Who has rights to inventions?
Faculty, staff and students must assign rights to Wisconsin Alumni Research Foundation (WARF), the University's designated patent management organization, to: inventions funded in whole or in part by federal research grants; or to inventions funded by research agreements that require the inventors to assign rights in inventions generated under such agreements to WARF. This applies as well to computer programs that are patentable and plants protectable under the Plant Variety Protection Act.
If, after disclosure to WARF, and equity review by the Graduate School, it is determined that federal funds did not contribute to the invention, and there are no specific written agreements or policies to the contrary, the inventor is free to dispose of the rights to the invention in the manner of his or her own choosing. If WARF has expressed an interest in protecting this invention the inventors, at this point, can choose if they want to work with WARF.
If WARF accepts for intellectual property protection an invention that is either federally funded, or supported by an agreement requiring assignment of inventions to WARF, then inventors must execute all papers necessary to file patent applications on the invention and establish the federal government's or other sponsor's rights in the invention.
If WARF must decline an invention that is federally funded, under federal law, the federal funding agency has the next right to take title to that invention. In this instance, if inventors are interested in seeking a patent on their own, they may petition the federal funding agency for the right to do so. The Graduate School assists inventors in this petitioning process.
The University retains the right to use the products of research conducted as a University activity for its education and research mission.
What is the equity review?
Once WARF reviews and makes a decision on a new disclosure the Invention Disclosure Report is forwarded to The Graduate School for equity review. The equity review determines who has ownership rights to the invention. This process includes a review of the intellectual property language in all relevant federal and non-federal agreements (industrial, association, foundation, consortia agreements; material transfer agreements; etc.) as well as a review of all relevant funding sources, including inventor payroll, and inventor's grants active during the period of inventive work.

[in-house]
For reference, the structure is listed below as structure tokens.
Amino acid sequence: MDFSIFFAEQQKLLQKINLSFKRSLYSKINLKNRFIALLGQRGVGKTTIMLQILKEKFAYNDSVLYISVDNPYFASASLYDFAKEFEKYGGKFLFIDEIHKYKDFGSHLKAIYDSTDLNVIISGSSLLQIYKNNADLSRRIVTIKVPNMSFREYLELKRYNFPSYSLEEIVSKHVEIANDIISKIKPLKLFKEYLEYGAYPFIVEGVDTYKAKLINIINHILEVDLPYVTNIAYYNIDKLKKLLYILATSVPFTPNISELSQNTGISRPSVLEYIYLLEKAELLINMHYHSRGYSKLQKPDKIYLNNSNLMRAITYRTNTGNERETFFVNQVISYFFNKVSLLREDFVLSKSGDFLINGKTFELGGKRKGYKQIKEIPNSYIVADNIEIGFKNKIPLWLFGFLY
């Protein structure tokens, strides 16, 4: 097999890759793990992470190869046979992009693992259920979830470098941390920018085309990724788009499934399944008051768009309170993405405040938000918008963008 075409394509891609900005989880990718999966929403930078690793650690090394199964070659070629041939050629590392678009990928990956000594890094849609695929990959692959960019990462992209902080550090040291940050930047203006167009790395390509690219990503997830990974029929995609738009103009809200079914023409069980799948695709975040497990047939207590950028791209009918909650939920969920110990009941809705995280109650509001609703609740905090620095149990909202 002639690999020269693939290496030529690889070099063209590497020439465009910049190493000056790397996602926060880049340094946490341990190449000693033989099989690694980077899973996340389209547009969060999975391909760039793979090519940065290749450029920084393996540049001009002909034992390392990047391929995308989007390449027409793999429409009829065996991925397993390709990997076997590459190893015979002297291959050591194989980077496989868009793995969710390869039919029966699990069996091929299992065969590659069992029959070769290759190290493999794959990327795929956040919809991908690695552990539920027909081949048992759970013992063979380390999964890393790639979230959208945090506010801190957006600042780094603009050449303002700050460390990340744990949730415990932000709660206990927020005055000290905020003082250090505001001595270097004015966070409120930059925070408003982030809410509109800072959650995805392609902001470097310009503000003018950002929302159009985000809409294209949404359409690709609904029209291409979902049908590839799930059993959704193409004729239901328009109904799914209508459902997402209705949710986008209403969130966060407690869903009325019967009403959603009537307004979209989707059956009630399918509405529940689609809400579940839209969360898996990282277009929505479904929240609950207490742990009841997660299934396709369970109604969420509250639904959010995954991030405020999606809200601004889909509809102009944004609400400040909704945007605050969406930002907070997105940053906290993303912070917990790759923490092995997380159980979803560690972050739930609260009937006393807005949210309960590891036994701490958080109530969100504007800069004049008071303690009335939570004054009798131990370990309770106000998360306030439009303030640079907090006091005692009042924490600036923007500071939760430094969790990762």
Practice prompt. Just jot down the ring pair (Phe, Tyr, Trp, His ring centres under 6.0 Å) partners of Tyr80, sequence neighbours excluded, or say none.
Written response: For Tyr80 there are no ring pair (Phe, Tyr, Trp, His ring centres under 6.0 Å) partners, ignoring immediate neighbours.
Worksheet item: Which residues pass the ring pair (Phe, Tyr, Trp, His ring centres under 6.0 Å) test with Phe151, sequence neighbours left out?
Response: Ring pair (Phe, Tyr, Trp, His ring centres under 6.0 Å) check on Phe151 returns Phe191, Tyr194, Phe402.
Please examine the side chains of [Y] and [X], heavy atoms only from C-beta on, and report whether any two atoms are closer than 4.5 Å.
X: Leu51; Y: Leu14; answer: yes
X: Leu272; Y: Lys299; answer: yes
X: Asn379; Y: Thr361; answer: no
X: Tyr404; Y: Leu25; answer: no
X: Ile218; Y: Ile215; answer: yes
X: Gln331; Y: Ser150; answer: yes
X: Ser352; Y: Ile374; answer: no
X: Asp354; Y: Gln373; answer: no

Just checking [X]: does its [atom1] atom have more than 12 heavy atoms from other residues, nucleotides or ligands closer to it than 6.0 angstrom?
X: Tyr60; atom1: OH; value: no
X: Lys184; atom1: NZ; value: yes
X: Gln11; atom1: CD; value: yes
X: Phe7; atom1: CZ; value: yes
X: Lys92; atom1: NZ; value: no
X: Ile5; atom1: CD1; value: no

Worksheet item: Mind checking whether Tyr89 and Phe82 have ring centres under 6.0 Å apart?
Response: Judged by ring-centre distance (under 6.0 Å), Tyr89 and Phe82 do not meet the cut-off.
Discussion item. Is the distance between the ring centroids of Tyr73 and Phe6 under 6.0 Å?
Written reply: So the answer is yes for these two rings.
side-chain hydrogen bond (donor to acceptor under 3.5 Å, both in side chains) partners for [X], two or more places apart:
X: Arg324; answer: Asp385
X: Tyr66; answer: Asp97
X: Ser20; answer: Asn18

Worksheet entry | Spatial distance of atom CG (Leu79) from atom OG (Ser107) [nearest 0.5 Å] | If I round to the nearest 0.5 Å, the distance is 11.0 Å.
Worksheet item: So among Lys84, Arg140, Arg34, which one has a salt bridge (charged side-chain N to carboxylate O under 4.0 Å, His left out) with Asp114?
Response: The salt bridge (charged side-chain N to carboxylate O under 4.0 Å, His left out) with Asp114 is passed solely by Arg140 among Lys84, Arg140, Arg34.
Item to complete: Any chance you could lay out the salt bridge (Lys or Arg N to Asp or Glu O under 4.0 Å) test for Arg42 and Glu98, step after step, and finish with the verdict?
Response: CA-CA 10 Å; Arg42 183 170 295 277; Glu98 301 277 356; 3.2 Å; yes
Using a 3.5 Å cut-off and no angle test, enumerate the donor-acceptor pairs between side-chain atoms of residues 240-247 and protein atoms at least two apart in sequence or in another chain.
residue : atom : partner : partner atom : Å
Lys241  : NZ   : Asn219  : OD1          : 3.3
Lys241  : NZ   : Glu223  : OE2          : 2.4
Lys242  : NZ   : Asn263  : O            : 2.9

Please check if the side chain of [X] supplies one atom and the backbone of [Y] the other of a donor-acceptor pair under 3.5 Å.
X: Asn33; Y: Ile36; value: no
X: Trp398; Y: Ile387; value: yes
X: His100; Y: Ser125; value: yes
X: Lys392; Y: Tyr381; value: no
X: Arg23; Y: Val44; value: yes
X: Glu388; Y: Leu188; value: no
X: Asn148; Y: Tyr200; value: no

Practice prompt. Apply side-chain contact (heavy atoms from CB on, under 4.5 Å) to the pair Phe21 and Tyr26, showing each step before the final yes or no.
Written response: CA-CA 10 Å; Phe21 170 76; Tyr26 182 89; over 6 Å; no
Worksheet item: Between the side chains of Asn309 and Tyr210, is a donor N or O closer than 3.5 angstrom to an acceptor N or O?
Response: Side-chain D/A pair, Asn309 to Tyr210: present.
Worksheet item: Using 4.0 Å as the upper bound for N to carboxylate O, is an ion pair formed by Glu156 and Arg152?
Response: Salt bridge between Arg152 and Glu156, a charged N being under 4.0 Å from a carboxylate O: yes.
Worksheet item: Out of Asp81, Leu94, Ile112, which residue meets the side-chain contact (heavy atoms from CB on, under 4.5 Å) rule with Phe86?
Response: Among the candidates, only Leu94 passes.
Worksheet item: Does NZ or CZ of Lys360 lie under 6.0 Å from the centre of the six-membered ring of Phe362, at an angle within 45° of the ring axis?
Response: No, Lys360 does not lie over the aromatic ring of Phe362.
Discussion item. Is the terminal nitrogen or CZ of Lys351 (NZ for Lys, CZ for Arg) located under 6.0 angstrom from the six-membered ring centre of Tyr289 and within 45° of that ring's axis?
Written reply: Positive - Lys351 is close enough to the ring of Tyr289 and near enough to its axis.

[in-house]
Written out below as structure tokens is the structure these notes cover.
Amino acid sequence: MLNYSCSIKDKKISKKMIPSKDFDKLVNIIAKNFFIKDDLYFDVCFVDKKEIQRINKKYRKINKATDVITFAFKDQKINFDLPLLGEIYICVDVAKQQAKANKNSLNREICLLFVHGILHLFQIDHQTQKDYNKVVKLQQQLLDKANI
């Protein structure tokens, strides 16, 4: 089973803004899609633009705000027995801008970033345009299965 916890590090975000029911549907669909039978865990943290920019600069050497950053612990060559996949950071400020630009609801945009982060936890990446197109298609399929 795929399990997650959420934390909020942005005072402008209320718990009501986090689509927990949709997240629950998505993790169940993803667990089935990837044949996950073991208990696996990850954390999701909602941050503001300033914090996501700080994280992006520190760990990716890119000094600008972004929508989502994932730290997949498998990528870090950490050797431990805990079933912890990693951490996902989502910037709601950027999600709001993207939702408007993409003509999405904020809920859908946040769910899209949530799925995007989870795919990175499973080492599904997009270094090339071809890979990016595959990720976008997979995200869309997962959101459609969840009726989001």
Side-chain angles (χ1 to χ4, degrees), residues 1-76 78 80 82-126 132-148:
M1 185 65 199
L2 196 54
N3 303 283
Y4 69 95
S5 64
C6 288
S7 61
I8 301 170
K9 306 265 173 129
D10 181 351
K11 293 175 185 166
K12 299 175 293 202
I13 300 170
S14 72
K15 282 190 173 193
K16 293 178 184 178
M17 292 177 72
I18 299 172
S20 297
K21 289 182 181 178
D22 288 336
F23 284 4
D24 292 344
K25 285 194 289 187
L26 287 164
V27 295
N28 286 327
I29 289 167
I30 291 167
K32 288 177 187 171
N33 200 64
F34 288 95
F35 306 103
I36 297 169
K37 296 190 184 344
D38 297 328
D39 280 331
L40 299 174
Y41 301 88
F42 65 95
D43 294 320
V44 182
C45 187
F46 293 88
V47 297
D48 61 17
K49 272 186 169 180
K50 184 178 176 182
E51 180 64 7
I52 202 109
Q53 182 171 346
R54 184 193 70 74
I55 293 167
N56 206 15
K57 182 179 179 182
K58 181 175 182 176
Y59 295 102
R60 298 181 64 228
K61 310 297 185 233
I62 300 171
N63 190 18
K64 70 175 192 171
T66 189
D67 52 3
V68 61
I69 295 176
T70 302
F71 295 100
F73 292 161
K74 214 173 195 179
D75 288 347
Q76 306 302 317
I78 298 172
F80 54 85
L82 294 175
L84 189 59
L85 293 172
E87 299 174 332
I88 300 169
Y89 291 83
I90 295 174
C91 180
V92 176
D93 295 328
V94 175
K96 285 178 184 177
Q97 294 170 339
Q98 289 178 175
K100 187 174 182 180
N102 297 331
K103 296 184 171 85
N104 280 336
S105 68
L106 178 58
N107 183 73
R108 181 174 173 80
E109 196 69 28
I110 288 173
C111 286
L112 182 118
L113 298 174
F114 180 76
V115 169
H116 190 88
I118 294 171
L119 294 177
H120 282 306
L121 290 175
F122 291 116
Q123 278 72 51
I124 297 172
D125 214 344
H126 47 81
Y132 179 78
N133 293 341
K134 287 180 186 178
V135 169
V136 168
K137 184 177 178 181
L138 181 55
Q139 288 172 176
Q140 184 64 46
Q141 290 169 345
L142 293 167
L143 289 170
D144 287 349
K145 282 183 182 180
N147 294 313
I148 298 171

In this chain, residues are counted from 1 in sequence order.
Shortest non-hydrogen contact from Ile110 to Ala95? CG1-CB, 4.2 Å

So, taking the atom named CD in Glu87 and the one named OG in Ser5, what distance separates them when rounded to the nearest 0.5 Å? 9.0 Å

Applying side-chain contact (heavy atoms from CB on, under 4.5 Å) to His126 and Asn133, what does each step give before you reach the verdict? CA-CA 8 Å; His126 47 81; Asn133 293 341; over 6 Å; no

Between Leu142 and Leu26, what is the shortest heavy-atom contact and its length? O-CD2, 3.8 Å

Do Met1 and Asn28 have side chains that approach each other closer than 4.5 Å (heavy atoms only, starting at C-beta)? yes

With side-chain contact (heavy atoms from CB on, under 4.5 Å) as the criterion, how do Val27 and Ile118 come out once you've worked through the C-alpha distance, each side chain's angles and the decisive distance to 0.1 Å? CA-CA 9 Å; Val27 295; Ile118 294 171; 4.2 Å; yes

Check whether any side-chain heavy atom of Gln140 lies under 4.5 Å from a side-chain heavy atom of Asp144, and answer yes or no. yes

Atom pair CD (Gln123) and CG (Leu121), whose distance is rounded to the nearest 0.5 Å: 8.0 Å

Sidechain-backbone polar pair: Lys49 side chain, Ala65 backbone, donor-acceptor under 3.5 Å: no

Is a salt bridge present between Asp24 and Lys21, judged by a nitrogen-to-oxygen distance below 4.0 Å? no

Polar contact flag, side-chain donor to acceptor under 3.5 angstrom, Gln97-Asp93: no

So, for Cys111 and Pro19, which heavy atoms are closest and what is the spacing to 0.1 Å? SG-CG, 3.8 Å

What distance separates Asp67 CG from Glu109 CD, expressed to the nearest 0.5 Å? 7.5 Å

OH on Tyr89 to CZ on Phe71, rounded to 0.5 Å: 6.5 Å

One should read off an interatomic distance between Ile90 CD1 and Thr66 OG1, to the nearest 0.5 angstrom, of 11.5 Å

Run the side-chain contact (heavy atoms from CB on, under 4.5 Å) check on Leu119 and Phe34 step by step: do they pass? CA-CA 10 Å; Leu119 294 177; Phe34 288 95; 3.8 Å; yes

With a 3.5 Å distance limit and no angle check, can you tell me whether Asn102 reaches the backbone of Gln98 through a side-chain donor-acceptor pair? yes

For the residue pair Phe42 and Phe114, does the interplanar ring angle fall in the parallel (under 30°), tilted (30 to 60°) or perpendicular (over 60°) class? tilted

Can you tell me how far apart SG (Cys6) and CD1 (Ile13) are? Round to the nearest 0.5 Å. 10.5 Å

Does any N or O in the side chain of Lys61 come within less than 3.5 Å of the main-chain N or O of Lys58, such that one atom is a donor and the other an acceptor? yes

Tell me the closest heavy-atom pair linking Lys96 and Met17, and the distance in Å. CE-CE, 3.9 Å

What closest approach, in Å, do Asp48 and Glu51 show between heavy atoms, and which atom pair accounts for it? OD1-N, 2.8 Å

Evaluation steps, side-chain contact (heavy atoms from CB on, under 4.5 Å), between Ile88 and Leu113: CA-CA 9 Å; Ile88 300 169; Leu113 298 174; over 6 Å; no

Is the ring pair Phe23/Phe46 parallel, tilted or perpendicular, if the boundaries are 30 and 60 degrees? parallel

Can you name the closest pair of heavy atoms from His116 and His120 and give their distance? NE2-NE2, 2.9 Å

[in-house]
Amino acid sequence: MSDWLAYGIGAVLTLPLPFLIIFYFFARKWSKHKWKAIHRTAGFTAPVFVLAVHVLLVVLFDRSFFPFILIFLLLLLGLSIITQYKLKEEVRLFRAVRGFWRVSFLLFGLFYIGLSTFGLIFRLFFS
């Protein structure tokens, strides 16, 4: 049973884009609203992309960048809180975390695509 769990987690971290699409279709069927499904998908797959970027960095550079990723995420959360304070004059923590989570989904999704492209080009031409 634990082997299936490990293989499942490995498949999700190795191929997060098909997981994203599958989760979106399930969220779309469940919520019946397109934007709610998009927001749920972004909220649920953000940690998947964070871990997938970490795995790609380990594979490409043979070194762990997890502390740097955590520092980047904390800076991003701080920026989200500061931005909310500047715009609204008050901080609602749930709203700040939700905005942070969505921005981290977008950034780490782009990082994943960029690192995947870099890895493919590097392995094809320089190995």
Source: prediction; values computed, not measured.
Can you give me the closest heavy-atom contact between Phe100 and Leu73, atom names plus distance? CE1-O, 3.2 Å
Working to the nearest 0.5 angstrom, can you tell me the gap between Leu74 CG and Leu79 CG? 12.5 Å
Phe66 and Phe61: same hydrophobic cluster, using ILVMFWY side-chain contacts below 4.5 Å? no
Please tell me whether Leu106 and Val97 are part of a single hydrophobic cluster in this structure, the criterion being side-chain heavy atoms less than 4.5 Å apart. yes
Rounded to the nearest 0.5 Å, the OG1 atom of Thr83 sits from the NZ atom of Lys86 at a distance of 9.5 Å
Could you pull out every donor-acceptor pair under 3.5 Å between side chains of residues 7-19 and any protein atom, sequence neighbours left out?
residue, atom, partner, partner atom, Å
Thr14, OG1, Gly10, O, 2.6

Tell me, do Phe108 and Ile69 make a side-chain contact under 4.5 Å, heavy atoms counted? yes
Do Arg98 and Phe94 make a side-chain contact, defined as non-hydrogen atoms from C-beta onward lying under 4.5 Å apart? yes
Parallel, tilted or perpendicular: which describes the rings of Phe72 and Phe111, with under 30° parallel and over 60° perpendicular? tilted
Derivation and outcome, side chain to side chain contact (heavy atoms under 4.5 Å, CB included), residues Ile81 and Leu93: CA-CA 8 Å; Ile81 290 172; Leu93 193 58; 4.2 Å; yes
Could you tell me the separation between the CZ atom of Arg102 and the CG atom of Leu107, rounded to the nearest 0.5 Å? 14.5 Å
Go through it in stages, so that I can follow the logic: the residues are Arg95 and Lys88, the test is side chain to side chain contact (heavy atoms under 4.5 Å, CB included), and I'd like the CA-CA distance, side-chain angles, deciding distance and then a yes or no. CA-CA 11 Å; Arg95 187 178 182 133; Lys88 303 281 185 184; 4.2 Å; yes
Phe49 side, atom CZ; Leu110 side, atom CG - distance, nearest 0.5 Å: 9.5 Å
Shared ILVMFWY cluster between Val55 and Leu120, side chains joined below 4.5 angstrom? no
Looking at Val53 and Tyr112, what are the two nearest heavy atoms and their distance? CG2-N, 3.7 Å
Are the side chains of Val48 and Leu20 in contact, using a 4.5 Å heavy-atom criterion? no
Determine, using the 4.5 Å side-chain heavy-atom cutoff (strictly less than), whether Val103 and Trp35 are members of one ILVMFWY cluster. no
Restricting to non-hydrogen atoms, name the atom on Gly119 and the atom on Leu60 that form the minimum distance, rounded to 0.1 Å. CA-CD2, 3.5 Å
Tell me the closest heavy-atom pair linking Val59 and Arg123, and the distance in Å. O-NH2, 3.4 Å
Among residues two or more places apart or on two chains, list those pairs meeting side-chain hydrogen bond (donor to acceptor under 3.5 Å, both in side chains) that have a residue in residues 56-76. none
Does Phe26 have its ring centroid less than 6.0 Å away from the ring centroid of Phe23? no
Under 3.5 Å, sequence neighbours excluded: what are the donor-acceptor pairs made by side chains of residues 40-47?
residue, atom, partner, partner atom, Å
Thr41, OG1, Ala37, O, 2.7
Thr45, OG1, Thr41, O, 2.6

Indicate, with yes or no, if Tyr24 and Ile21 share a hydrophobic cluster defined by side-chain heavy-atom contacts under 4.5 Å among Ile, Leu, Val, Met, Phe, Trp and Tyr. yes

To assure the University's ability to comply with obligations arising under federal law or in extramural sponsor agreements the Graduate School must conduct an equity review even if WARF has decided not pursue intellectual property protection for an invention.
The University is required to disclose to the appropriate federal funding agency any invention conceived or first actually reduced to practice in the performance of work funded totally or in part by the federal government. This disclosure must be made to the federal funding agency within two months after The Graduate School receives the invention disclosure report from WARF. The Graduate School also notifies other funding agencies and material suppliers if required by agreement.
The Graduate School, with assistance from the School/College Dean designees, conducts the equity review. A list of School/College designees working with invention disclosures can be found under the Schools/Colleges IP Contacts.
Federal sponsorship of research is pervasive at the University and the regulations regarding ownership of inventions under federal funding are very comprehensive. To fully comply with federal law the university has developed a commingling policy which dictates that if a researcher has any federal monies in his or her lab at the time of invention conception through reduction to practice, the invention is presumed to be federally funded unless the principal investigator has been authorized by the Graduate School to create a firewall. This presumption can be challenged through the review process.
If it is determined that the University has rights to an invention because of the presence of commingled federal funds during the inventive period, the inventor may challenge that determination by engaging the review process. The review process includes a comparison between the scope of work of the relevant federal research grant(s) and the scope of the inventive work for the purpose of delineating a nexus between the two.
The review process has three levels: direct resolution between the Graduate School and the inventor, resolution through consultation with the School/College Dean or Dean's Designee, and resolution through a Review Board which acts in an advisory capacity to the Associate Dean for Research Policy. Throughout the process inventors are encouraged to provide additional information, including information regarding the scope of work, and regarding the connections between funding sources and the inventive work. School/College Deans or Dean's Designees are also encouraged to provide additional information based on records maintained at the school/college level.